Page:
Job Training and Unions

The United States has “massively under-invested in apprenticeship programs,” Perez said. There are millions of middle-class jobs that can support a family that are “available for the taking,” he explained, noting that many of these jobs do not require a college degree.

“We are in the middle of … a transformation in the way we prepare job-seekers of all ages,” he said. A grants program the DOL and Department of Education co-administers has provided funds to colleges that partner with employers to devise the training that organizations say that job candidates need.

Perez also espoused the role of unions in lifting up the middle class by championing for superior benefits and wages and giving a voice to workers.

“There is an absolute direct relationship between the health of the middle class and the health and vitality of the labor union,” he said. He cited U.S. Bureau of Labor statistics that found in 2013 the median weekly income for union members was $200 higher than for nonunion members.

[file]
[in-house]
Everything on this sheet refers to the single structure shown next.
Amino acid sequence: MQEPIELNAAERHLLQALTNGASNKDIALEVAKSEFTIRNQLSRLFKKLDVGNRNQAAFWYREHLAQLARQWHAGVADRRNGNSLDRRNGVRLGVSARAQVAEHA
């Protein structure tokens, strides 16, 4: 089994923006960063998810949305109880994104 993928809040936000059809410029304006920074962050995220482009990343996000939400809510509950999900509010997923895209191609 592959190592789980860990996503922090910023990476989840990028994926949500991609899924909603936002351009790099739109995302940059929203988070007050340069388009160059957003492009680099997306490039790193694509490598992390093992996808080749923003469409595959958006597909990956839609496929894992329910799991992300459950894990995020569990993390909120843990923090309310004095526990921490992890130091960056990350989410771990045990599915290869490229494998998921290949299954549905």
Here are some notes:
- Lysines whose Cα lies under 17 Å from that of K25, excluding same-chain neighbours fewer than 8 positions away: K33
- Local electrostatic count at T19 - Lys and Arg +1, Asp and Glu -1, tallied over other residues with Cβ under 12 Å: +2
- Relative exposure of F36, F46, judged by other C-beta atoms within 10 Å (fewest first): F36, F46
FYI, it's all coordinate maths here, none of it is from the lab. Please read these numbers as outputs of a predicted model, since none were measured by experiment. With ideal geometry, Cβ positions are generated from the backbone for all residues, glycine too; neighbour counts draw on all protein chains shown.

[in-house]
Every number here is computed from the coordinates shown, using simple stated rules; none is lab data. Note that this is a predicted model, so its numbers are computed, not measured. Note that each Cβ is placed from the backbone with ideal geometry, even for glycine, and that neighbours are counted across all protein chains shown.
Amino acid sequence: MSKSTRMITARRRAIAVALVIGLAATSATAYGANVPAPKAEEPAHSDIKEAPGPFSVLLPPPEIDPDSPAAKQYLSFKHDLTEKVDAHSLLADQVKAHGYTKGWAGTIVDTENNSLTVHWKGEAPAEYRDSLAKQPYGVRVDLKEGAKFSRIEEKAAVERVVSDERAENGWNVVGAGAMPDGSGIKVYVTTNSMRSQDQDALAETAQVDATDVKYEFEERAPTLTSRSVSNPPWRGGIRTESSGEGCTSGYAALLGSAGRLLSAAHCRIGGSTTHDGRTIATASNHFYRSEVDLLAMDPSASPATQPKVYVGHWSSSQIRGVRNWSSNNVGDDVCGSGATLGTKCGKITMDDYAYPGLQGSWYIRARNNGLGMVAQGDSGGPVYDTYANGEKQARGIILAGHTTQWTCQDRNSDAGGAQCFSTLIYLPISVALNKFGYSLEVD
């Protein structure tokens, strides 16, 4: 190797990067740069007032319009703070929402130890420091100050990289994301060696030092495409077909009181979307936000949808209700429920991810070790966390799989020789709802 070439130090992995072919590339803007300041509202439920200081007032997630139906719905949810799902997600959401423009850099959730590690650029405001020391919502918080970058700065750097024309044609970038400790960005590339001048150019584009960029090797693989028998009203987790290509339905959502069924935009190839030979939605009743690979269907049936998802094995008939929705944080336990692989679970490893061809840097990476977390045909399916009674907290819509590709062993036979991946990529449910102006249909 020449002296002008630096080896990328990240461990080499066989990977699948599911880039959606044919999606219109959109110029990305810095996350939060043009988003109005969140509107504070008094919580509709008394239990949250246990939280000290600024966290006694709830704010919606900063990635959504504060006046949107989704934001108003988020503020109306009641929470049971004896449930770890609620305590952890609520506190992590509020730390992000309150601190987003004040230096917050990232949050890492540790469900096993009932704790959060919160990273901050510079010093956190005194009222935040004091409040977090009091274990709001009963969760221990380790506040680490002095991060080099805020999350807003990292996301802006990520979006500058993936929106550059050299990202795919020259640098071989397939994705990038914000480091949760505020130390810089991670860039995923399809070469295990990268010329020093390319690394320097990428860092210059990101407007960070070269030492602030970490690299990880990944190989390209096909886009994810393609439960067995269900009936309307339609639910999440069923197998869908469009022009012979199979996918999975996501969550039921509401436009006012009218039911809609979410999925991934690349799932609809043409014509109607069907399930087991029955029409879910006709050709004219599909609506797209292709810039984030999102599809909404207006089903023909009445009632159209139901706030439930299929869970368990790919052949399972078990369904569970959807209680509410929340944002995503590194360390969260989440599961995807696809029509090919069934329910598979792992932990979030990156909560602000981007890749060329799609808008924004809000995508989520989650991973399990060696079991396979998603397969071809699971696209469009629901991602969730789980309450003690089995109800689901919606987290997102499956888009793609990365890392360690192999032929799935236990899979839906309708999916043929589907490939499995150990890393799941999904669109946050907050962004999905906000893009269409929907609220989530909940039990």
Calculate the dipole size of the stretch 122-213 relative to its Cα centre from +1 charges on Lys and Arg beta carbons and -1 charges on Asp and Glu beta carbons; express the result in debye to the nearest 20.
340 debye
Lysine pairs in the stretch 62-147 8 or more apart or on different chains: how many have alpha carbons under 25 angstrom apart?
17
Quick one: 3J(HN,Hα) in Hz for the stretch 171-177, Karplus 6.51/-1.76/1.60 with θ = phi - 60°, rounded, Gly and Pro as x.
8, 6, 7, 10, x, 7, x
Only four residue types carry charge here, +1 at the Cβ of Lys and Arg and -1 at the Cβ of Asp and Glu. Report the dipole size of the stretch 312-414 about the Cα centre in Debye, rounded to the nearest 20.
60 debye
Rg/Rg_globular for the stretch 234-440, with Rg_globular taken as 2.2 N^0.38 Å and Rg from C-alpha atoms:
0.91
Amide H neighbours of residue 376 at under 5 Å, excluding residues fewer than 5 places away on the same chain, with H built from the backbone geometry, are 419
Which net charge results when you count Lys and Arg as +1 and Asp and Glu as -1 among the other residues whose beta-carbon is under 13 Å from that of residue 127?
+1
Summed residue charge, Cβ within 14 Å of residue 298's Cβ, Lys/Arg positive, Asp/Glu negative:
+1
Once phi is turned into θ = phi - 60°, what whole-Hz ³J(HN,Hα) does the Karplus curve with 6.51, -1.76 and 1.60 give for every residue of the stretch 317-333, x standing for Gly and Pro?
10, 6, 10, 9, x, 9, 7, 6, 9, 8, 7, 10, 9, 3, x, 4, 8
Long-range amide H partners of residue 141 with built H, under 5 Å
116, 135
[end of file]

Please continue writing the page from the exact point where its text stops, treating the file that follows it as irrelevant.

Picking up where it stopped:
“Unions don’t succeed at the expense of business. They succeed in partnership with business,” he said, and pointed to areas around the globe to illustrate his point.

Canada’s union density, for example is more than twice that of the United States—27 percent versus approximately 11 percent, respectively. Germany also has a high density of trade unions and enjoys a robust economy and low youth unemployment.

“It gets back to this issue of voice,” said Perez. “We need to make sure we have multiple mechanisms to give workers a level playing field.”

He travels to Germany next week where he will stop at Volkswagen to study its works councils, which he called “a wonderful model that we should consider importing.” Volkswagen considers its works councils “a competitive advantage.”

“We need to create space in America,” he said, “for new forms of collaboration between workers and their employers.”

Kathy Gurchiek is the associate editor at HR News.